, Volume 110, Issue 1, pp 79–90 | Cite as

Permanent swamp vegetation of the Upper Nile

  • Patrick Denny


This paper describes vegetation in the nothern Sudd area of the Sudan. A visit by boat was made in April 1978 along the White Nile from Malakal to Lake No; to the inflow regions of the Bahr el Jebel, the Bahr el Zeraf and to the Bahr el Ghazal. Only the vegetation along the fringe of the rivers was observed as plants were tall and dense and it was not possible to penetrate into the inner swamps.

The outer edge of the vegetation was fringed by extensive mats of free-floating Eichhornia crassipes which was easily dislodged and formed floating islands to be carried downstream. The main rivers, excluding the Bahr el Ghazal, were too deep and turbid to support beds of submerged species but plants such as Ceratophyllum demersum could be found amongst floating plants.

Vossia cuspidata usually produced a broad zone to the landward of Eichhornia. It dominated the shallow water with a floating raft of stems growing out from the shore over the water surface. Massive stands of Cyperus papyrus and/or Phragmites karka, over 5 metres tall, dominated the vegetation behind and sometimes excluded the Vossia zone. The papyrus could form dense, floating rafts of rhizomes at the water's edge, but Phragmites always remained firmly rooted to the bottom. Floating papyrus and Vossia would become detached from the main beds and drifted downstream with Eichhornia.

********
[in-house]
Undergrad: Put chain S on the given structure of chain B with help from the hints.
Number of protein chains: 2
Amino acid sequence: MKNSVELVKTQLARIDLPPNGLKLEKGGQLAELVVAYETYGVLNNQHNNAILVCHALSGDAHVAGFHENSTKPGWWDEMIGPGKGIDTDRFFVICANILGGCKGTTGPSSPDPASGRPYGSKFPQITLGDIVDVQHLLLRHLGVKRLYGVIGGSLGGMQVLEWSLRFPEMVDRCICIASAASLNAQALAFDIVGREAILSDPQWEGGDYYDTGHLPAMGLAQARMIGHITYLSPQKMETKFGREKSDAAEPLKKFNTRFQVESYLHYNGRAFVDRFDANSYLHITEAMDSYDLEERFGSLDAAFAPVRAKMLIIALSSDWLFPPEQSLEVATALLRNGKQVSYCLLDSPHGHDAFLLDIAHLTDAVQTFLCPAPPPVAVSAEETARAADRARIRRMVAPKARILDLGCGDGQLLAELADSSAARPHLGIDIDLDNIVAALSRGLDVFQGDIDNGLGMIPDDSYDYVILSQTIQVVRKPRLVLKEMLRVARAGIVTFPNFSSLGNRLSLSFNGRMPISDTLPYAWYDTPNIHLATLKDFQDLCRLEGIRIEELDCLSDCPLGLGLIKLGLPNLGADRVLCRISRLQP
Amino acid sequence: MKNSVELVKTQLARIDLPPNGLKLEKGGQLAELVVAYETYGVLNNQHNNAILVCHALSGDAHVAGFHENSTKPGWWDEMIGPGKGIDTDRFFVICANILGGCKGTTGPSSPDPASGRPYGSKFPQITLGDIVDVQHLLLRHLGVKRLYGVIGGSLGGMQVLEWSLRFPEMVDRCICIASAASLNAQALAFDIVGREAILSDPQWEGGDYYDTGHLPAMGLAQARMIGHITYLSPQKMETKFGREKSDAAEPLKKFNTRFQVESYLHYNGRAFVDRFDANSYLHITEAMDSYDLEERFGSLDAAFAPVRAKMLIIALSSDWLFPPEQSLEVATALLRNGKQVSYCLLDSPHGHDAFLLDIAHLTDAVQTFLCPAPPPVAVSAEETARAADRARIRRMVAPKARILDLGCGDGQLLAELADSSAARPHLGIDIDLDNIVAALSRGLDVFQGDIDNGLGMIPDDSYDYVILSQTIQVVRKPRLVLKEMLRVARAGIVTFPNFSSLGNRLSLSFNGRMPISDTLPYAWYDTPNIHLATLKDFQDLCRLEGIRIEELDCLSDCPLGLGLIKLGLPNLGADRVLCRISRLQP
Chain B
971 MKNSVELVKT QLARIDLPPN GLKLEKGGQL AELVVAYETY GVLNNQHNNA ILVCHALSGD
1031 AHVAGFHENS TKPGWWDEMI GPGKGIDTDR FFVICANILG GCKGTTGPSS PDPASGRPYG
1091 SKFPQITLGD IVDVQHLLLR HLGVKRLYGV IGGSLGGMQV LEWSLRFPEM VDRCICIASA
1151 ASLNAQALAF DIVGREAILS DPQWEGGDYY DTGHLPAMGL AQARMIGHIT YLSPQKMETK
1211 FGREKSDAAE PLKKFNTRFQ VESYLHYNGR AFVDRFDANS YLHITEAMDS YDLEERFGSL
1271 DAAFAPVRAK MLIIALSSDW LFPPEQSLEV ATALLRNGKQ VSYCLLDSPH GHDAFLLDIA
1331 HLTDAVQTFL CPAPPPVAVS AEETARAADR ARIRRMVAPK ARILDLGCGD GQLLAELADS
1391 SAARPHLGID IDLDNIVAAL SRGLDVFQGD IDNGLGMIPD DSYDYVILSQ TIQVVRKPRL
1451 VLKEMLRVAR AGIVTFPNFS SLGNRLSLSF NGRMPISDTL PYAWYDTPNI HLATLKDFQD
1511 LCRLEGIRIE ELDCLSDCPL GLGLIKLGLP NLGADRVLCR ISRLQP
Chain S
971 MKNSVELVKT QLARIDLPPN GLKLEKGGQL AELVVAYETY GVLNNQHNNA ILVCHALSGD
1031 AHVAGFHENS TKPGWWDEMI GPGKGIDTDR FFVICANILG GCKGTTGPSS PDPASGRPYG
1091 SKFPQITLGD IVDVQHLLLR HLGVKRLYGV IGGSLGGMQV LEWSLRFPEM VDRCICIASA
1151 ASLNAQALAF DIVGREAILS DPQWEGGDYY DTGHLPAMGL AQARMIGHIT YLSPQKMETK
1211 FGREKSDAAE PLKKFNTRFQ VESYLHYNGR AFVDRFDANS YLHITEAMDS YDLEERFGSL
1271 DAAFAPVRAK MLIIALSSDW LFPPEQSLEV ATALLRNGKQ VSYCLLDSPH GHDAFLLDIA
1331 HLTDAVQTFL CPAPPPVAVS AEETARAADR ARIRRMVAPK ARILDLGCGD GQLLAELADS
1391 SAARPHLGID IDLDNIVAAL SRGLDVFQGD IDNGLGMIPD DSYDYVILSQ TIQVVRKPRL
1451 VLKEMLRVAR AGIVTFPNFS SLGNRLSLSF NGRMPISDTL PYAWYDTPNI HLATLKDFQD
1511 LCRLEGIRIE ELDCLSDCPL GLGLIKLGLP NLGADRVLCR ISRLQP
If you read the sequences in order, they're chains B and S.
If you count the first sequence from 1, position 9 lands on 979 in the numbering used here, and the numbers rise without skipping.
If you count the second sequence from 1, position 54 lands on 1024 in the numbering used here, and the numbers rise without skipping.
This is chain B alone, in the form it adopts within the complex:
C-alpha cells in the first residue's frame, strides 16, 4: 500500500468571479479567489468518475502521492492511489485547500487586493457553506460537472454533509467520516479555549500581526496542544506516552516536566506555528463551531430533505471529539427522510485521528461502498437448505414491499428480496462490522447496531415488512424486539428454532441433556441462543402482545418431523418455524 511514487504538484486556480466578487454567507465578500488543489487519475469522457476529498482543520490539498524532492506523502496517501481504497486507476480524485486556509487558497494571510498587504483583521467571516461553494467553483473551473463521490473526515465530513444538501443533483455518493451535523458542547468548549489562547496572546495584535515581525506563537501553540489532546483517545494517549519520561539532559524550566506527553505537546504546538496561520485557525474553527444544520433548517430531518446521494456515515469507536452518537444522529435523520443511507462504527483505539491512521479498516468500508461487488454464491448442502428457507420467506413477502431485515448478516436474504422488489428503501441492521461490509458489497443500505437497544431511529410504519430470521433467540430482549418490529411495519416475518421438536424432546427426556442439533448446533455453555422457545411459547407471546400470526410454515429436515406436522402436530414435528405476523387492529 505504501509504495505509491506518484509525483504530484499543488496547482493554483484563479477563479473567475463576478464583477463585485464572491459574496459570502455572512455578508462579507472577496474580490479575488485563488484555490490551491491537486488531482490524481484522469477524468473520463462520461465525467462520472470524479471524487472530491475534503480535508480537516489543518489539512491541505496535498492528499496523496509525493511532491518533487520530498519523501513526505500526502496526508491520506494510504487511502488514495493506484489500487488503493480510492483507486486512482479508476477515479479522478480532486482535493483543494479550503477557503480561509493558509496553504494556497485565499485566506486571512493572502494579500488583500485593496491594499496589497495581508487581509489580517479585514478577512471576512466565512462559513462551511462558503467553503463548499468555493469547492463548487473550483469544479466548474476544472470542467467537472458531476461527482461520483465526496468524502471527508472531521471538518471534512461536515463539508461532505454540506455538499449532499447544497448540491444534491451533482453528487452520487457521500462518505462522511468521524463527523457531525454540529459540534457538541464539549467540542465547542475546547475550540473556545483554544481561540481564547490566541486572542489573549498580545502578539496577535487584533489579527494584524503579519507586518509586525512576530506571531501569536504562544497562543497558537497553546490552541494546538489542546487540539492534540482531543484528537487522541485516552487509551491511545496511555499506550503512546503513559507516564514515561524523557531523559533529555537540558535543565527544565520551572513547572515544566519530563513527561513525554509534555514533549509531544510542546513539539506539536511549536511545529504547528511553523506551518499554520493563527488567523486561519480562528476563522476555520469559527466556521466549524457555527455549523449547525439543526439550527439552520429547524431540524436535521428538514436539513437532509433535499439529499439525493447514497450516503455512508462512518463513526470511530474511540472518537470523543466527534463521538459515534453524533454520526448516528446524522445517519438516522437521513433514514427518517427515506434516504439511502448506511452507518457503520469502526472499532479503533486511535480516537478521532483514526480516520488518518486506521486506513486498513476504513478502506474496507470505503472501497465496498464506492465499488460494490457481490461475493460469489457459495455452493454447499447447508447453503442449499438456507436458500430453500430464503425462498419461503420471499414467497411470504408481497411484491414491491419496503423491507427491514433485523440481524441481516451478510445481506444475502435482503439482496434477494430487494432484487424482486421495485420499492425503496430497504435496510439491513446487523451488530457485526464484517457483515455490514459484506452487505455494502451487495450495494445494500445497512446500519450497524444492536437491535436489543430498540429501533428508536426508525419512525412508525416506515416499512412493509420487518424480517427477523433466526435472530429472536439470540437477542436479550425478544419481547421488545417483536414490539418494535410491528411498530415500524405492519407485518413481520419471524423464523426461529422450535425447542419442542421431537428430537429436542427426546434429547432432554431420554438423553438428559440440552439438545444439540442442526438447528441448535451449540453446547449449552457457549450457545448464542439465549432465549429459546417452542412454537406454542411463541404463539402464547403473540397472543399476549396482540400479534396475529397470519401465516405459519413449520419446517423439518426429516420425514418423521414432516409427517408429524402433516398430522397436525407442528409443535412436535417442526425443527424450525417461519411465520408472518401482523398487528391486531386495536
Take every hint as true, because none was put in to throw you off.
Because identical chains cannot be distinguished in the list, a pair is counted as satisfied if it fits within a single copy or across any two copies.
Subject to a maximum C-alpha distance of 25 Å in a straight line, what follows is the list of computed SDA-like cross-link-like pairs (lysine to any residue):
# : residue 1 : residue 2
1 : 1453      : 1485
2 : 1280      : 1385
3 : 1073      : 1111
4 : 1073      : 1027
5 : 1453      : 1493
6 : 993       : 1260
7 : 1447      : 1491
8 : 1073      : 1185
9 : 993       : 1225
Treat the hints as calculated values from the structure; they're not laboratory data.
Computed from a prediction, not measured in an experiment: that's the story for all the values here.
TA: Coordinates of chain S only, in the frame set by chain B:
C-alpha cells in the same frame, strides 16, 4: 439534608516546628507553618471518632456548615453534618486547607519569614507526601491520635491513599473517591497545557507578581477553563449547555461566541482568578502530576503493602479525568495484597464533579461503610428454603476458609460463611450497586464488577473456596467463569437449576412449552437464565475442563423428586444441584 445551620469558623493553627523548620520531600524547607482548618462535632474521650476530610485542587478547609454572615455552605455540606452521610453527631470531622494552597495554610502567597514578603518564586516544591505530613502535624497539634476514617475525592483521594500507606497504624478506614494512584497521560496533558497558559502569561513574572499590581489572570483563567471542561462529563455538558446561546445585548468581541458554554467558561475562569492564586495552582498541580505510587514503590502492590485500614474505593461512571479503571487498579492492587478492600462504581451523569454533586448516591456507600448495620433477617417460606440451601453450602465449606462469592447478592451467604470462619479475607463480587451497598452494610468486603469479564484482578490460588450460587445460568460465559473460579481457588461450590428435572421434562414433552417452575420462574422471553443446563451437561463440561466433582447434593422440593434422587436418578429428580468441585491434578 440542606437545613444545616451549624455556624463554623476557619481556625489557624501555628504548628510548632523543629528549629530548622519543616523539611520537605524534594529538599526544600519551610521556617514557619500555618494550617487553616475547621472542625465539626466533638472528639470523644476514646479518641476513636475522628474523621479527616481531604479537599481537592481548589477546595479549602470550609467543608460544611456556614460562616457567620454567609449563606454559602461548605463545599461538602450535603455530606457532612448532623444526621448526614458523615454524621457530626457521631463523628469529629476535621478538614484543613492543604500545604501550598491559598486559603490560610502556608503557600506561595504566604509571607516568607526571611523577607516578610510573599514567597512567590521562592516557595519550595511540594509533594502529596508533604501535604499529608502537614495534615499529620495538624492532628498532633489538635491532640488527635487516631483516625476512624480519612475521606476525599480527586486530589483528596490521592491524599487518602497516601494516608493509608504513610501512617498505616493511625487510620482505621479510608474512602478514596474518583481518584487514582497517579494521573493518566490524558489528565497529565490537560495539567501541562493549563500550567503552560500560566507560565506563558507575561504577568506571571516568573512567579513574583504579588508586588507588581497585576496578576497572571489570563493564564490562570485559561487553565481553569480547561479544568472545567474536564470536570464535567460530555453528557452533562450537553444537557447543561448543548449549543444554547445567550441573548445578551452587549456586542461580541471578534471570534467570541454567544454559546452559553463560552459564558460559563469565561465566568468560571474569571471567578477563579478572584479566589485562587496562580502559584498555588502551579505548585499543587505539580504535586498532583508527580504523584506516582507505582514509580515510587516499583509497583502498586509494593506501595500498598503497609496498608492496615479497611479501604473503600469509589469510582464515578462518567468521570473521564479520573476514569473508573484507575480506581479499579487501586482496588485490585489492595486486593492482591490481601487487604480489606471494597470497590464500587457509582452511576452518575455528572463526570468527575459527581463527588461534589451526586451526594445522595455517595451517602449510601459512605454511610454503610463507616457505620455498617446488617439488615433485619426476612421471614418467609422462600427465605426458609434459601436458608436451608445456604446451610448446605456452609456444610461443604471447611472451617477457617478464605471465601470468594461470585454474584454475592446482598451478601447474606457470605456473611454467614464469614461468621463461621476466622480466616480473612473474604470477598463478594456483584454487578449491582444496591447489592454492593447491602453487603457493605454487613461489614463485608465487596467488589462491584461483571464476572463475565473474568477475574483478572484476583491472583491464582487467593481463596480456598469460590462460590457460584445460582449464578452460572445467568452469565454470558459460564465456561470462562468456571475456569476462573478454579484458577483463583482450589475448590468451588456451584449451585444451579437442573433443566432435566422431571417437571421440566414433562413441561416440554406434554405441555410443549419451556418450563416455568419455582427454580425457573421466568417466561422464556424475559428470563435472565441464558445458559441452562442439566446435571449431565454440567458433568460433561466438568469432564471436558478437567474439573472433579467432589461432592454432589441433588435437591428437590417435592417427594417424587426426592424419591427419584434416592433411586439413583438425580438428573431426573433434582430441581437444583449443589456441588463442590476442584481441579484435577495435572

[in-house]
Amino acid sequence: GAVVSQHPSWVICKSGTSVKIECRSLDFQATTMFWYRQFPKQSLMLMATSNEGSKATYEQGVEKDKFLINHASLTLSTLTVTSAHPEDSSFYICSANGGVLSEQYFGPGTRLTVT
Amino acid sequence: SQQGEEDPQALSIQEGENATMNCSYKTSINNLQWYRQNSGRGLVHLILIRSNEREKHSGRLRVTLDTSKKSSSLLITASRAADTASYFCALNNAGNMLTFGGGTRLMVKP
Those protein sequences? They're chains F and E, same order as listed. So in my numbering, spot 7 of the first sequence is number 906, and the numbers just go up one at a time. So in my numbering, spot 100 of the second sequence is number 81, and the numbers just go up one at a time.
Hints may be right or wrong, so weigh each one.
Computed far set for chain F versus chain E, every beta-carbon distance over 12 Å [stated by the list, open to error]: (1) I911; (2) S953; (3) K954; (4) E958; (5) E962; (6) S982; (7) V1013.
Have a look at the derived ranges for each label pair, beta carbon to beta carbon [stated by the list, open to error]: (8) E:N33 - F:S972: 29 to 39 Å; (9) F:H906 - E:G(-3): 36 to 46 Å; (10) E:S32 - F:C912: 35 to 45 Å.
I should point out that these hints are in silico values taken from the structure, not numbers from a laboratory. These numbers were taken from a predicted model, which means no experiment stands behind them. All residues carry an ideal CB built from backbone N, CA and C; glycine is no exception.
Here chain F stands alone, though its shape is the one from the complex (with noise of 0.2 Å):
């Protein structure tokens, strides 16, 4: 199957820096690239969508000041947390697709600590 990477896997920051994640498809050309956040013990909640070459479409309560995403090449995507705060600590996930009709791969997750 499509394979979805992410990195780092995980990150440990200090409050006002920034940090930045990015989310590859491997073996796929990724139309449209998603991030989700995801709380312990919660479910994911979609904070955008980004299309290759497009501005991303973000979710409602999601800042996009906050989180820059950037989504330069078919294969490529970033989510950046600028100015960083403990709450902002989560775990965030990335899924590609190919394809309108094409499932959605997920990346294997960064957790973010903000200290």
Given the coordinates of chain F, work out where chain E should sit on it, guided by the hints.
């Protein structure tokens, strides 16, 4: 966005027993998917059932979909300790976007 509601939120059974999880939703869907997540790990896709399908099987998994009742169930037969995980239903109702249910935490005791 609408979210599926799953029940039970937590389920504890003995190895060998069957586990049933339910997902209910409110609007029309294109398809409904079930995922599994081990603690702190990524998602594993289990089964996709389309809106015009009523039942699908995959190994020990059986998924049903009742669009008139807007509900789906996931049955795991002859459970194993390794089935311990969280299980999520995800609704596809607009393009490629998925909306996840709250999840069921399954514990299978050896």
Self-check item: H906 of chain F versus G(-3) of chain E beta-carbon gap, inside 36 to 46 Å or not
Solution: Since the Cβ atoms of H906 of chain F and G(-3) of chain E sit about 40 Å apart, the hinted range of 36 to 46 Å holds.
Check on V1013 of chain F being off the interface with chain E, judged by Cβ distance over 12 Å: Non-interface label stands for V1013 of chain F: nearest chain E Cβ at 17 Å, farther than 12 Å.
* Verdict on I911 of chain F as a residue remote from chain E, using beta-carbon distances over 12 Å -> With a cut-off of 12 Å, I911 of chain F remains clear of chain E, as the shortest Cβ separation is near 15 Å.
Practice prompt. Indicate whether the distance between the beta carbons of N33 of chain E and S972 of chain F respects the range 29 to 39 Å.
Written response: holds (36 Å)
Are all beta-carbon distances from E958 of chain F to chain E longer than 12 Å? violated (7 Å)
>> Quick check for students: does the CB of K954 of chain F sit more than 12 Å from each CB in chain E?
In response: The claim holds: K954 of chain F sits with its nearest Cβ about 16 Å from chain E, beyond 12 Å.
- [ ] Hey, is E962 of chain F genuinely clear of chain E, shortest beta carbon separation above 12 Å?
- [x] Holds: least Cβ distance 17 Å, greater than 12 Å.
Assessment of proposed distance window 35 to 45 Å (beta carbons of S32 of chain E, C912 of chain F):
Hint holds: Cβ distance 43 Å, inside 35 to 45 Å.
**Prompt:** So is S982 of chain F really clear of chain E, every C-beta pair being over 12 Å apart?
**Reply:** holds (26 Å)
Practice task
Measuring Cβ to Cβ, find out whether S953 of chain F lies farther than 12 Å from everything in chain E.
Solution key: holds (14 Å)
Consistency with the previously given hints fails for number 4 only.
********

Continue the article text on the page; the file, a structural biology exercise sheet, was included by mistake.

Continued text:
Creepers were common amongst papyrus but less common amongst Phragmites where the vegetation was generally more dense. Large stands of Typa domingensis were observed behind the fringe vegetation.

The vegetation of the Bahr el Ghazal, in marked contrast to the rest, was stunted, and reasons for this are suggested. Species diversity was greater and the less turbid waters allowed considerable development of floating-leaved and submerged species.

Estimates of fresh weights and heights of dominant vegetation types were attained but methods were very laborious and alternative ways have been suggested. The fresh weight of Eichhornia from a one metre square quadrat in the White Nile was around 70 kg. The shoots of Phragmites weighed 18.5 kg and Cyperus papyrus, 11.0 kg m−2.


Sudan swamp vegetation Sudd 


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Copyright information

© Dr W. Junk Publishers 1984

Authors and Affiliations

  • Patrick Denny
    • 1
  1. 1.School of Biology, Westfield CollegeUniversity of LondonLondonU.K.

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